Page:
What really made this event worthwhile was the fun we had doing it. I don’t know that we’ve ever had as many people from the Pastafarians out on Greene Street tabling and raising awareness. We had at least twelve members come out to work the event, plus several others who came in support! We laughed, generated a lot of buzz, called people out, and just had a genuinely good time. Even our university mascot — Cocky the Gamecock (really) — came out and ‘stoned-a-heathen’!

Amnesty International was also a great group of people. They were so nice and came out to table with us. It’s not always easy to find an organization willing to work with a non-theist organization, but they were great!

All of that fun and insanity cost us $8 for balloons. Meanwhile, we raised $140 for Amnesty International! We hope to see other campuses doing it next year.

(Just for future reference, it is really hard to find water balloons in September. Harder than we expected, anyway. Also, filling up water balloons in the mens’ bathroom is far too entertaining of an experience.)

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  • flatlander100

    Interesting that officials of a public university think they have the authority to deny permission because some students might think the event “disrespectful” of their beliefs.

    Some administrators, it seems, need a refresher course in Bill of Rights 101.

  • I don’t know if they were necessarily prohibiting it… It was more that they would prefer that we didn’t. They’re nice to us though, so we worked on a compromise. 🙂

  • Ron in Houston

    I really hate being critical of Kelley but she does need to learn more about religion before she says things like how she finds it “dumbfounding” that Christians will say they don’t believe in stoning.

    Now having said that, I give you guys a lot of credit for having a very edgy fundraiser. Given the plight of that woman in Iran it also is very relevant.

  • Great job! Fundraising and increasing awareness are tough to do in the same event so kudos for pulling it off.

    Next time you may want to highlight the AI donation connection more if they are ok with that-it gives people more of a context to understand an very unfamiliar event.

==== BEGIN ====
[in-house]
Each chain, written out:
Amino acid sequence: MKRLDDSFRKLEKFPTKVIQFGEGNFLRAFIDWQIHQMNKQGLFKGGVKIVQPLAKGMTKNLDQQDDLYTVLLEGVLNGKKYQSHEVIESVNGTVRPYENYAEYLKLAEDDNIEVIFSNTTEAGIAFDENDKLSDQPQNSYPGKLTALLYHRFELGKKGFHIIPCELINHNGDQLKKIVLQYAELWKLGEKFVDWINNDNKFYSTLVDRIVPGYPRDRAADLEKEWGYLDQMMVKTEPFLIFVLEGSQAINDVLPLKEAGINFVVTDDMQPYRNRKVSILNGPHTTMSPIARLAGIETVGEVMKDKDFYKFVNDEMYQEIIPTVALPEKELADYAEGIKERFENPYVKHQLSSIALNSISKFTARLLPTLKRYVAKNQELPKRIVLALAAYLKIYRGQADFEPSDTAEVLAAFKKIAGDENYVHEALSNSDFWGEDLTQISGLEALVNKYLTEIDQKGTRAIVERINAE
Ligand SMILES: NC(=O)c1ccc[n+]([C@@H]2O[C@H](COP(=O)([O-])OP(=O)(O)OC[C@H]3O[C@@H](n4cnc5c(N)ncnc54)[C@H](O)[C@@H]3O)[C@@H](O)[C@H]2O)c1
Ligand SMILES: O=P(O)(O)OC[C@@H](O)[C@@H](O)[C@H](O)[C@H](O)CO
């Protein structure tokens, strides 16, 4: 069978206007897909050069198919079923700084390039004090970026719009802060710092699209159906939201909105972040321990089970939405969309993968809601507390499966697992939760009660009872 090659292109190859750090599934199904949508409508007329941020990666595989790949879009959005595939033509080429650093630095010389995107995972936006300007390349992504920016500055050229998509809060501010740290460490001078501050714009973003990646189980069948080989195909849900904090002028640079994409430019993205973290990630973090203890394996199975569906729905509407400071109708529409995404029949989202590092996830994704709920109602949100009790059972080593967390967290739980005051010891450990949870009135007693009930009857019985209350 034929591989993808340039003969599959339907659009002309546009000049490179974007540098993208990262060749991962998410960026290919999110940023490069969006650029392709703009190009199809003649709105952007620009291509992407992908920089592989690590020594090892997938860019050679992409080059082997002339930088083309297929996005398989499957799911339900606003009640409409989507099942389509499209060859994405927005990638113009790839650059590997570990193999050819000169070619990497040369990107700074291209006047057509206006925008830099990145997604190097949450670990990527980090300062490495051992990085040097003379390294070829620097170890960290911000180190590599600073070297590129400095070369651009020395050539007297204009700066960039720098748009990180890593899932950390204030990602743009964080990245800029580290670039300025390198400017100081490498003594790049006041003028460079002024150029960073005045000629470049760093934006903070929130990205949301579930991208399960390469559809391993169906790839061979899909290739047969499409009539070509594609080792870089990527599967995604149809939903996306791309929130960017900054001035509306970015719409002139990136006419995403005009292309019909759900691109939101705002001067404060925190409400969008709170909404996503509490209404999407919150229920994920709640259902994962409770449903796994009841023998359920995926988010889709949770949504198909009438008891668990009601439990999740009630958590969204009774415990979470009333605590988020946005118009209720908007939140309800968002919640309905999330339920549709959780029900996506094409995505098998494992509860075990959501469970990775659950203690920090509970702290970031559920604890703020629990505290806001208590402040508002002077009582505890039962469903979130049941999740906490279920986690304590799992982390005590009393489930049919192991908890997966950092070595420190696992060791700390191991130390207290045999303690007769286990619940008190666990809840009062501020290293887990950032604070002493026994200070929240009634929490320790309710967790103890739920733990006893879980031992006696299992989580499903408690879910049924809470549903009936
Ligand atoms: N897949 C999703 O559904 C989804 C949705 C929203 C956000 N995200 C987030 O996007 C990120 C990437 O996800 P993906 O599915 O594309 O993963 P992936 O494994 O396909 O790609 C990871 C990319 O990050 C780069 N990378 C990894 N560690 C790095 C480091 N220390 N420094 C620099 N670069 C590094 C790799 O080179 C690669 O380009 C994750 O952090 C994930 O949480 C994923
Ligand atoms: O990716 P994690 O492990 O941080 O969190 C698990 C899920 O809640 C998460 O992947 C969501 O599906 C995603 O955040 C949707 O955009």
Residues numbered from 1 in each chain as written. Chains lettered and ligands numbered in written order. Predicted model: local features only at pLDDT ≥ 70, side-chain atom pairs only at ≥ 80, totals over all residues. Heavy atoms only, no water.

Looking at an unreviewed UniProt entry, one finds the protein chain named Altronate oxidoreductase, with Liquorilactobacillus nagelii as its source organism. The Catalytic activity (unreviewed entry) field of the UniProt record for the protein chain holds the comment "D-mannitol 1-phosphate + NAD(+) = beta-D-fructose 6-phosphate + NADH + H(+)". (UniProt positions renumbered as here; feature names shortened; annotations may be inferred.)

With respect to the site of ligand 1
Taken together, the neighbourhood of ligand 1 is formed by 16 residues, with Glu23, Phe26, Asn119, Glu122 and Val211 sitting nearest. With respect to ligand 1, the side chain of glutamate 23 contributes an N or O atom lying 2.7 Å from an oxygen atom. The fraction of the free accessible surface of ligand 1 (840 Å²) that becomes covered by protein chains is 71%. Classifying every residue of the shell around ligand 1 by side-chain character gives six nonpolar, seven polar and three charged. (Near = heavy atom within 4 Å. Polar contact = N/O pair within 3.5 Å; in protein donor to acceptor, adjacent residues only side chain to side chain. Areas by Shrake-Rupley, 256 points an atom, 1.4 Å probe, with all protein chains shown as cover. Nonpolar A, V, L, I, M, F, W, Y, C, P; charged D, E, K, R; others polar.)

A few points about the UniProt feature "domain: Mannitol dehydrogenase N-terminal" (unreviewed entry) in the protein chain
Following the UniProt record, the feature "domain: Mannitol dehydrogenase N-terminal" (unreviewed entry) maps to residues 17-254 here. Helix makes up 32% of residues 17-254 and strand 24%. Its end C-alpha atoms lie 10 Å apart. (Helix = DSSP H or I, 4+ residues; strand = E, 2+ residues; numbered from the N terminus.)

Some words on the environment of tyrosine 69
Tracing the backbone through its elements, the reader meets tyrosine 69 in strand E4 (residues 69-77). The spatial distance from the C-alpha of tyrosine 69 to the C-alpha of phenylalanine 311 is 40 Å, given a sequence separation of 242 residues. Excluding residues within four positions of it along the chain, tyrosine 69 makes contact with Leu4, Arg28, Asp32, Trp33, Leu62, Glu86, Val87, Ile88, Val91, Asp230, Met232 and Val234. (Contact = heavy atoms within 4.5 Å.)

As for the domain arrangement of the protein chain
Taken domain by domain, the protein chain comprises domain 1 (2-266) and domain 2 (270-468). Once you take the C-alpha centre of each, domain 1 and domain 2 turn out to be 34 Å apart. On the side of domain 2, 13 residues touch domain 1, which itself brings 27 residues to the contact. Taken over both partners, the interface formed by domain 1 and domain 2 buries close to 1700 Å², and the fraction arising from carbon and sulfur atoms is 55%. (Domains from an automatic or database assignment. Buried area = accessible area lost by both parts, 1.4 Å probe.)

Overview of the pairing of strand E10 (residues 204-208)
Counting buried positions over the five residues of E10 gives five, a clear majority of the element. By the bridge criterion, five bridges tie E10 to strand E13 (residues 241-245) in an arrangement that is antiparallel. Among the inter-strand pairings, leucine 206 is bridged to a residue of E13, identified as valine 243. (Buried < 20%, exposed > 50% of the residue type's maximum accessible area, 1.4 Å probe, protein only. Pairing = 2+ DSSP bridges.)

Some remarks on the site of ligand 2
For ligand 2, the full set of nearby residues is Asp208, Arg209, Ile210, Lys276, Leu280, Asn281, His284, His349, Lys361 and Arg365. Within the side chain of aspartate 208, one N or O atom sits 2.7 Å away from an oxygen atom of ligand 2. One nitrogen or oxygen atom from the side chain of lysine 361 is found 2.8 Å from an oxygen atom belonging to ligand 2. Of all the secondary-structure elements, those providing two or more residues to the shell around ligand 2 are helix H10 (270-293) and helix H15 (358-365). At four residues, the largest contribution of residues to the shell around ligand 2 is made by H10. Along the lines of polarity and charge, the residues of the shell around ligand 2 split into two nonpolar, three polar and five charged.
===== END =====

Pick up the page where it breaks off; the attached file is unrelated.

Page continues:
As to the christians and not stoning people, they’d likely point to the end of john 7, beginning of john 8 in the bible as their justification for making that statement.

    You can walk them through the logic from their pov: god instituted stoning in the old testament; jesus is god therefore jesus stopped a stoning that only would have happened because he instituted it. From there you can go in a number of directions with the discussion.

    Again, great job-I’m sure some folks will look forward to it next year if it becomes an annual event.

  • Michelle

    Now we just need to find ways to move these awareness and fund raising events into the greater community (any community). I really enjoy sharing these ideas with local free-thinker groups.

  • This is fantastic! Would love to do a similar event across the pond. 30th is a Friday next year, so not sure if I would have the annual leave, but 2012 it’s a Sunday – a perfect day for it I think.

  • Court

    Looks like a very fun event and it’s good you raised people’s awareness.
    Some people at my campus are trying to put together a Secular Student Alliance and I think this would be a great event for up to put on.

  • Silent Service

    Also, filling up water balloons in the mens’ bathroom is far too entertaining of an experience.


  • Jude